Thursday, August 8, 2013

10-Year Treasury Yield Inverse

I was told on Bloomberg today that rising yields are obvious. It was just said as a matter of fact. That reminded me of a quote.

Markets are constantly in a state of uncertainty and flux and money is made by discounting the obvious and betting on the unexpected. - George Soros

The following chart shows the inverse of the 10-year treasury yield. For example, a 5% yield would be a 20 on the chart (1 / 0.05 = 20).

Click to enlarge.

The downward trend in treasury yields has been predicted to fail for many years. As seen in the chart, the only thing that's truly failed so far is its exact opposite (its inverse) though. Further, when most trends fail they tend to fail in the opposite direction as the original trend. That was not the case here. For example, did the long-term upward exponential trend in job creation fail to the upside? I think not.

We're now simply back in the long-term channel. It's hard to read much into that. I wouldn't be willing to use the word "obvious" until we pass through 30 to the downside on this chart (and stay there for a full semi-annual period). Then we'll talk about the trend in falling yields being over. Until that point, I just don't see the "obviousness" of it that many seem to see.

1 / 30 = 3.33%

Now that's a target yield worthy of consideration. Based on the stock market's strength recently, I'm kind of surprised we aren't even closer to it than we are. On a relative basis (considering the long-term trend in the chart above), yields were very high heading into the last recession. Perhaps we're just not there yet, or perhaps many investors like myself are starting to really believe in the death of real yields story. You know, burn me once (dotcom bubble) shame on you. Burn me twice (housing bubble), shame on me. The saying just sort of stops there though. For what it is worth, I personally don't want to risk what happens after the third burning, lol. Sigh.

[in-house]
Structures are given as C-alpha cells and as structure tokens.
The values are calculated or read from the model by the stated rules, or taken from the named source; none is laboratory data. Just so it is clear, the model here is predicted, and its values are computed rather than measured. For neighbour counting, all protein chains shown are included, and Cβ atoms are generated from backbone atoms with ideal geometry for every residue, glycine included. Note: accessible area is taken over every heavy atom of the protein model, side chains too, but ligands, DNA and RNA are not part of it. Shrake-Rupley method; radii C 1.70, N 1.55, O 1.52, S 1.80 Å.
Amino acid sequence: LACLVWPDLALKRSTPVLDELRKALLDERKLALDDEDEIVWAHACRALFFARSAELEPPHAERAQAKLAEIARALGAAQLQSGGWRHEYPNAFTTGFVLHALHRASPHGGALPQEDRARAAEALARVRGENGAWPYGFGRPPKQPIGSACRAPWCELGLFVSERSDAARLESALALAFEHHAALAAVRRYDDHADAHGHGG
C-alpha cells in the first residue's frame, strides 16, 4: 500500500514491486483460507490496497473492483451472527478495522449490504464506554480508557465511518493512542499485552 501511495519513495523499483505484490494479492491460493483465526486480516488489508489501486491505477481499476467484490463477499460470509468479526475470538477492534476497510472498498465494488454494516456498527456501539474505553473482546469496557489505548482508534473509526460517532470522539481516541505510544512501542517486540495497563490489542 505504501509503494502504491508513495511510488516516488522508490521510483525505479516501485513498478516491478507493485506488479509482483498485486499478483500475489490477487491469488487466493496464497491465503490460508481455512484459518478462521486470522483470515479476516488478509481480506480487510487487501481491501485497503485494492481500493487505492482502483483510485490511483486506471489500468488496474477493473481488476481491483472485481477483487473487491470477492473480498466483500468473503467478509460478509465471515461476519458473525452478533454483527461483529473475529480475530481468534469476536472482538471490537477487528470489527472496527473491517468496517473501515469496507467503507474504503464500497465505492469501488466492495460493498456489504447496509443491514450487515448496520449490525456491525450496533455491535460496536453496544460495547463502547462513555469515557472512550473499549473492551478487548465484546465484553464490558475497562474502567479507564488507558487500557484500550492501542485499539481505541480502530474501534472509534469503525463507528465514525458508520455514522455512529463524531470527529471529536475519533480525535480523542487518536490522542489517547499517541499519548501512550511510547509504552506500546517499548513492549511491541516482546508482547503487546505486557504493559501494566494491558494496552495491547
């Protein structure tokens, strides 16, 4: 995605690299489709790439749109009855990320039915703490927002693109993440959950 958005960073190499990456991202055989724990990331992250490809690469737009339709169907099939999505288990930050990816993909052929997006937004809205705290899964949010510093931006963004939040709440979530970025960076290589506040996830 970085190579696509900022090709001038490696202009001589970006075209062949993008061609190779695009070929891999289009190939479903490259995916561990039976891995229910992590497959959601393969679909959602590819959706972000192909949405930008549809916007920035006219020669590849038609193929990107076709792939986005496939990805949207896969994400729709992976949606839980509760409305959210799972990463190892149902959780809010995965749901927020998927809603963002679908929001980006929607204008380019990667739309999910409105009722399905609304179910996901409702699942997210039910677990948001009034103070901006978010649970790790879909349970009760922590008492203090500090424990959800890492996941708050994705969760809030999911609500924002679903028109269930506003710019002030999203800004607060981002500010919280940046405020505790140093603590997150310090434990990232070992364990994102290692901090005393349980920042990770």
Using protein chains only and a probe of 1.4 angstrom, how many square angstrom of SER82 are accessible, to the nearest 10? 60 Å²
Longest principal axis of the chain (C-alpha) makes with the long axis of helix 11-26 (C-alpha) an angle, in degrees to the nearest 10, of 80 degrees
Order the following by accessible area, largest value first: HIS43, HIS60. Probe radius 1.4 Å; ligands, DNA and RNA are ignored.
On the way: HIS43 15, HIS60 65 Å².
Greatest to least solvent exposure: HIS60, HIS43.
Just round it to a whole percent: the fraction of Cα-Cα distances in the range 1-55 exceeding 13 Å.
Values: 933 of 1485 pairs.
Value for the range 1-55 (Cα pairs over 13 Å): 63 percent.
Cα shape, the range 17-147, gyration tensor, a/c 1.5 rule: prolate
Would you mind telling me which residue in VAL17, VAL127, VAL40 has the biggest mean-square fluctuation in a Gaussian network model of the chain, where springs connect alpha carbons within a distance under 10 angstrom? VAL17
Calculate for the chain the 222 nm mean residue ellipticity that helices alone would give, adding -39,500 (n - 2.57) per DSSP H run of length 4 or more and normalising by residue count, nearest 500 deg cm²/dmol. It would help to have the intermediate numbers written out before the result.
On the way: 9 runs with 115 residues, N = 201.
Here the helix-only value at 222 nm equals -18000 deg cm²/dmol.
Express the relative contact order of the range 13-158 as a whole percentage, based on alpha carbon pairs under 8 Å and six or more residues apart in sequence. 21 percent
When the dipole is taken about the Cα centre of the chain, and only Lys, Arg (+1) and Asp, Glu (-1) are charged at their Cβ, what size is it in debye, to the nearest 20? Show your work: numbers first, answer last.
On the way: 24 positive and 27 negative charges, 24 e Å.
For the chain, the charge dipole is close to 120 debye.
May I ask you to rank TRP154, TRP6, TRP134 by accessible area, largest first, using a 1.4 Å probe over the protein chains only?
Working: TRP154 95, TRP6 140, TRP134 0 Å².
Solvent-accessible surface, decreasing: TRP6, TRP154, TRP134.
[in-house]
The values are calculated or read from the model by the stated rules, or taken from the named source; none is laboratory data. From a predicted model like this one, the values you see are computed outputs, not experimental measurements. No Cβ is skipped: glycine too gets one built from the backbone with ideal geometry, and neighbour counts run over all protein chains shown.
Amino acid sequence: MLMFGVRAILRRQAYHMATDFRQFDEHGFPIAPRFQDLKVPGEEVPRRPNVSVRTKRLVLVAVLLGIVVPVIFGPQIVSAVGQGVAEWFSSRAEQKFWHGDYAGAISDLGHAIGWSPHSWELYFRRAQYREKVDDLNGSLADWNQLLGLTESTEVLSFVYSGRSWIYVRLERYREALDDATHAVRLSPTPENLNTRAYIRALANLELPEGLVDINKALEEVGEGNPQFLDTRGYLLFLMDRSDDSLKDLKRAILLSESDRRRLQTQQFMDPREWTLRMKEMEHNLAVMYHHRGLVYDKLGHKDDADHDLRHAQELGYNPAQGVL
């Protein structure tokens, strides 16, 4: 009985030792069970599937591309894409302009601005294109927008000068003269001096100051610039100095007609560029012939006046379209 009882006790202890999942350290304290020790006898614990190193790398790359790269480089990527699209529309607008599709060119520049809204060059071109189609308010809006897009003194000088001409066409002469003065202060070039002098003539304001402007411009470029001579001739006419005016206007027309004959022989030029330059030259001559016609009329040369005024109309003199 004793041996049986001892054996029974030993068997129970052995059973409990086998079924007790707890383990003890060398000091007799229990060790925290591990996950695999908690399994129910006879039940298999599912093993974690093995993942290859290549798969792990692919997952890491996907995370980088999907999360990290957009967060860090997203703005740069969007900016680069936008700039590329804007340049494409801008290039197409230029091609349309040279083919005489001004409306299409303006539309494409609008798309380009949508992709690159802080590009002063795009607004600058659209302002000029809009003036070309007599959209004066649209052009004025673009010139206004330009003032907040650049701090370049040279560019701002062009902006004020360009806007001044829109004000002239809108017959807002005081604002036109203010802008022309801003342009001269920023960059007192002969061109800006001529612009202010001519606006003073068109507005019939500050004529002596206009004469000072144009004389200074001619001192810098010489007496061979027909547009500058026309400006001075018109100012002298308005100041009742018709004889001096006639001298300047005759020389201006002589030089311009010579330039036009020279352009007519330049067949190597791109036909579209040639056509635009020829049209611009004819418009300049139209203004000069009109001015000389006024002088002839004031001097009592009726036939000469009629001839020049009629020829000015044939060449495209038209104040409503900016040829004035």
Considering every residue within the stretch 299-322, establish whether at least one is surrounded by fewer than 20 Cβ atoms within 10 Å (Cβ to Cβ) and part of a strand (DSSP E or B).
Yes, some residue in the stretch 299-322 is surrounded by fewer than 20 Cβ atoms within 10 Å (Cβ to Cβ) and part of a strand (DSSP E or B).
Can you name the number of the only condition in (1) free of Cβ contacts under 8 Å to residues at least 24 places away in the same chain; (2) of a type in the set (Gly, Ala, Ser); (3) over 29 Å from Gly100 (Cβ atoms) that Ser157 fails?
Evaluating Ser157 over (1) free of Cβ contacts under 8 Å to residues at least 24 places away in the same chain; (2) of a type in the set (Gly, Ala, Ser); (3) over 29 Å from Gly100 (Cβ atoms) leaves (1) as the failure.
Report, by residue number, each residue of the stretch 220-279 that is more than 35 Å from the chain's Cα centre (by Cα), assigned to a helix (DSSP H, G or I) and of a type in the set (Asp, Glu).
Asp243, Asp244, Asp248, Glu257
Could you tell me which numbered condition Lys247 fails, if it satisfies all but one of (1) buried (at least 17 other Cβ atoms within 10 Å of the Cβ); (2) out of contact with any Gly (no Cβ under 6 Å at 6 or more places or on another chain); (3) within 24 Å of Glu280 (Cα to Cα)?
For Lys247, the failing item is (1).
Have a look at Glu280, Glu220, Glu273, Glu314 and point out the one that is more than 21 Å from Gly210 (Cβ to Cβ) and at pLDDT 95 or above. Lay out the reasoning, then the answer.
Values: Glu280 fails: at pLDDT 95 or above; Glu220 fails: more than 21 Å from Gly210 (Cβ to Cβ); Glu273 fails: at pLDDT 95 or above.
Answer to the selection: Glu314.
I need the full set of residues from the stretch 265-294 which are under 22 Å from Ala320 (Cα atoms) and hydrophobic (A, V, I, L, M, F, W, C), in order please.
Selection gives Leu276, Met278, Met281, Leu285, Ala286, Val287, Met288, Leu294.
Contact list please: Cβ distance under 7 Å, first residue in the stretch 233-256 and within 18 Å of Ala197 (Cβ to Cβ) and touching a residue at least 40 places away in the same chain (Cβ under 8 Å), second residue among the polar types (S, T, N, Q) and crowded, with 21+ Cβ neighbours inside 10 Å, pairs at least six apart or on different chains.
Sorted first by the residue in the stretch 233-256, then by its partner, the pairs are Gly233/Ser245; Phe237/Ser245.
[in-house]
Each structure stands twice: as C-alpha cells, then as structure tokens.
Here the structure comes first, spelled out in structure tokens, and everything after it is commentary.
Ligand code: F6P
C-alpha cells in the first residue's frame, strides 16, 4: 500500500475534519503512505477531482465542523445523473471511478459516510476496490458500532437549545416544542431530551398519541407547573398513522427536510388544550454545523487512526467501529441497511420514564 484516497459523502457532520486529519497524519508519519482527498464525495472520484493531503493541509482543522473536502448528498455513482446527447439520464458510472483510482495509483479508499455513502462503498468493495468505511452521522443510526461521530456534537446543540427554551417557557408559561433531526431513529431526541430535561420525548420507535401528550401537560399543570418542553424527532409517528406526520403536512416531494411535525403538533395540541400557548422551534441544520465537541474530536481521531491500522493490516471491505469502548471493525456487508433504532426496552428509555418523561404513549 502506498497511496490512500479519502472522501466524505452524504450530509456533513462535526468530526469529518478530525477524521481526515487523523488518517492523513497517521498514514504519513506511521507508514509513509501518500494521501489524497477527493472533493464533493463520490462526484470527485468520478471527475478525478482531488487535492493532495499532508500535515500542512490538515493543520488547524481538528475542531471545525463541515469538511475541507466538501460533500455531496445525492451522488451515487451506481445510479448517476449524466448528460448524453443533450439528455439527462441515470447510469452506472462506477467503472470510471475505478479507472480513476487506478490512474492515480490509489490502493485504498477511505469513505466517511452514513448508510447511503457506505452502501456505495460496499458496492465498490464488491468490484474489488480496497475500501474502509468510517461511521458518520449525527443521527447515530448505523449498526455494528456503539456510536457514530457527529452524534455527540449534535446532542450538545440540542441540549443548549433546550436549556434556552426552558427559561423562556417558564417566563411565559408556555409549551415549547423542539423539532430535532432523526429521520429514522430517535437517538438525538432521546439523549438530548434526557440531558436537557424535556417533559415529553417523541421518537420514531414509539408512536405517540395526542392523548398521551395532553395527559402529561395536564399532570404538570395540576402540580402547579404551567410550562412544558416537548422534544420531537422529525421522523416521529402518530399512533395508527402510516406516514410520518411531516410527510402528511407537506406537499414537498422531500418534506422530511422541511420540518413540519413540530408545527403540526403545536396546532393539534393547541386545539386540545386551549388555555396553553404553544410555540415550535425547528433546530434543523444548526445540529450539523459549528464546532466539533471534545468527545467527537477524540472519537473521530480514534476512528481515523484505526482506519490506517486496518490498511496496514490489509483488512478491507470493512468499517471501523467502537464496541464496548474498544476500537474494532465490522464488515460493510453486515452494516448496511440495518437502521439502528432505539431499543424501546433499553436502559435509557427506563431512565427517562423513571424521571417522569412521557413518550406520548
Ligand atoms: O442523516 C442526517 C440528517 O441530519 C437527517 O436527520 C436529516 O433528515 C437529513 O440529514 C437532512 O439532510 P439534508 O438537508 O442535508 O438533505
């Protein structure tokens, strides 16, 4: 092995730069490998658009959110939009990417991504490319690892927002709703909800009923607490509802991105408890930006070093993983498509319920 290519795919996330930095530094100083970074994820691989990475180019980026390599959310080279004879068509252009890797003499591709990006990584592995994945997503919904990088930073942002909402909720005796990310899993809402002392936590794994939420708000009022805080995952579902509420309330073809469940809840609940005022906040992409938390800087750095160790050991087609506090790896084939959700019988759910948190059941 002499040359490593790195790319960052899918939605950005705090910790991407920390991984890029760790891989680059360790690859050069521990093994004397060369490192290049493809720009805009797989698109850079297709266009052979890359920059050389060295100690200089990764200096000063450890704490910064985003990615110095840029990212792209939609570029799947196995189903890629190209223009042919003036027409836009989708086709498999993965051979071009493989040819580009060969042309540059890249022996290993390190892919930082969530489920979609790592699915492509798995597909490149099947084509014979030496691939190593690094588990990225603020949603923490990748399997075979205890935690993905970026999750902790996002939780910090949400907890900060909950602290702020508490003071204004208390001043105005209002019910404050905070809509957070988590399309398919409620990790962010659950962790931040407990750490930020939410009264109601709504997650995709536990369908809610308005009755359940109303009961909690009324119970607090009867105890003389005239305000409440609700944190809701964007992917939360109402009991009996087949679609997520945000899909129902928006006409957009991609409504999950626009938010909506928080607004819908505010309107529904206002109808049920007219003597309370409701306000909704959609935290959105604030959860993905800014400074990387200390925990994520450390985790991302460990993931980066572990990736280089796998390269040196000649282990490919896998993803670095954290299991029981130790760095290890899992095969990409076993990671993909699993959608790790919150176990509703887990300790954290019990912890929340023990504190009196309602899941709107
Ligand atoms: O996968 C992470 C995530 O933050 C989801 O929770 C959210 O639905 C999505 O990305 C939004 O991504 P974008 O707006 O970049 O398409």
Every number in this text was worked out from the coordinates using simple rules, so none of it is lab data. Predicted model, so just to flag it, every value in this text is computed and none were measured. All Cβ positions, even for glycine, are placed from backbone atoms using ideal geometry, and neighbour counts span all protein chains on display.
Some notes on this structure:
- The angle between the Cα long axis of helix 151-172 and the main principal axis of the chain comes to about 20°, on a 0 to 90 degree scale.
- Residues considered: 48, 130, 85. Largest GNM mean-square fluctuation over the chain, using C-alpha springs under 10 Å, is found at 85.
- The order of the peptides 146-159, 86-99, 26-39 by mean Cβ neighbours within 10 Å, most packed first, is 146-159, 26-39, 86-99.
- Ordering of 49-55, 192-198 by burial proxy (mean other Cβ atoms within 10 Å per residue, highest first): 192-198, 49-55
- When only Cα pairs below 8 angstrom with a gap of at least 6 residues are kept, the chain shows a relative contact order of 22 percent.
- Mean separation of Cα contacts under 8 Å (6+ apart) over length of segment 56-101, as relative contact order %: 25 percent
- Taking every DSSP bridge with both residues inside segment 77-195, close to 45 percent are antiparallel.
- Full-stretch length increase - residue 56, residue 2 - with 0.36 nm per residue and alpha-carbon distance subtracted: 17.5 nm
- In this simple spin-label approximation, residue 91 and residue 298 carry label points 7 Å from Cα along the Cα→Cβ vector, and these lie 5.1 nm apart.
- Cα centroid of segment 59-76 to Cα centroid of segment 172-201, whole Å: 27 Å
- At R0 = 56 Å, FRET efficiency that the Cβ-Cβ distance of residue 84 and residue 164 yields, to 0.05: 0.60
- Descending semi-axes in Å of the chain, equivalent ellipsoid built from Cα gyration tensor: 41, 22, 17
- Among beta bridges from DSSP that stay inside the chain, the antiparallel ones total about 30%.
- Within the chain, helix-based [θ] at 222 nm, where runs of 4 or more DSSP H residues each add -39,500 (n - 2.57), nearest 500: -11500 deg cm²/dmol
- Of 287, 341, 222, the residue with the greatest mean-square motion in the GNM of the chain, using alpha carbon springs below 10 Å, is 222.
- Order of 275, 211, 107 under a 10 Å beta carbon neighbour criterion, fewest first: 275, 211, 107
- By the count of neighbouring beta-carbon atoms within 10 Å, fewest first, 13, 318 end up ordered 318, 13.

So why am I charting the inverse here? I have a fairly good reason actually.

I think many are failing to realize that the difference between a 0.2% yield and a 0.1% yield can be the same as the difference between a 20% yield and a 10% yield, especially in regards to an over-leveraged society.

Here's an example.

If I borrow $10,000 @ 10%, then I have to make $1,000 annual interest payments.
If I borrow half as much @ 20%, then I still have to make $1,000 annual interest payments.

If I borrow $1,000,000 @ 0.1%, then I have to make $1,000 annual interest payments.
If I borrow half as much @ 0.2%, then I still have to make $1,000 annual interest payments.

When seen in this context, the difference between 1% interest rates and 0% interest rates is infinite (0.01 / 0.00 = infinity), which is clearly not at all the trivial amount most would suggest. We could therefore continue to approach 0% without ever really reaching it.

Put another way, 0% is like a singularity. We may have already entered its event horizon. At 0%, the forces of leverage can become infinite. Just as in Japan, there may be no easy exit from such ultimate goal madness.

NASA: Event Horizon and Time

If you (in a space ship, for example) were to approach the event horizon and cross it, to a person watching you from a great distance it would look like you moved slower and slower as you got closer and closer to the horizon. To them it would look like you never quite reached the horizon. But this is an illusion caused by the fact that the light you emit from your space ship is taking longer and longer to reach the outside observer. This is due to the black hole's immense gravity. From your own point of view, you reach the horizon and cross it, with nothing special happening at the boundary. But of course, the gravitational forces of the black hole will crush you do death sooner or later!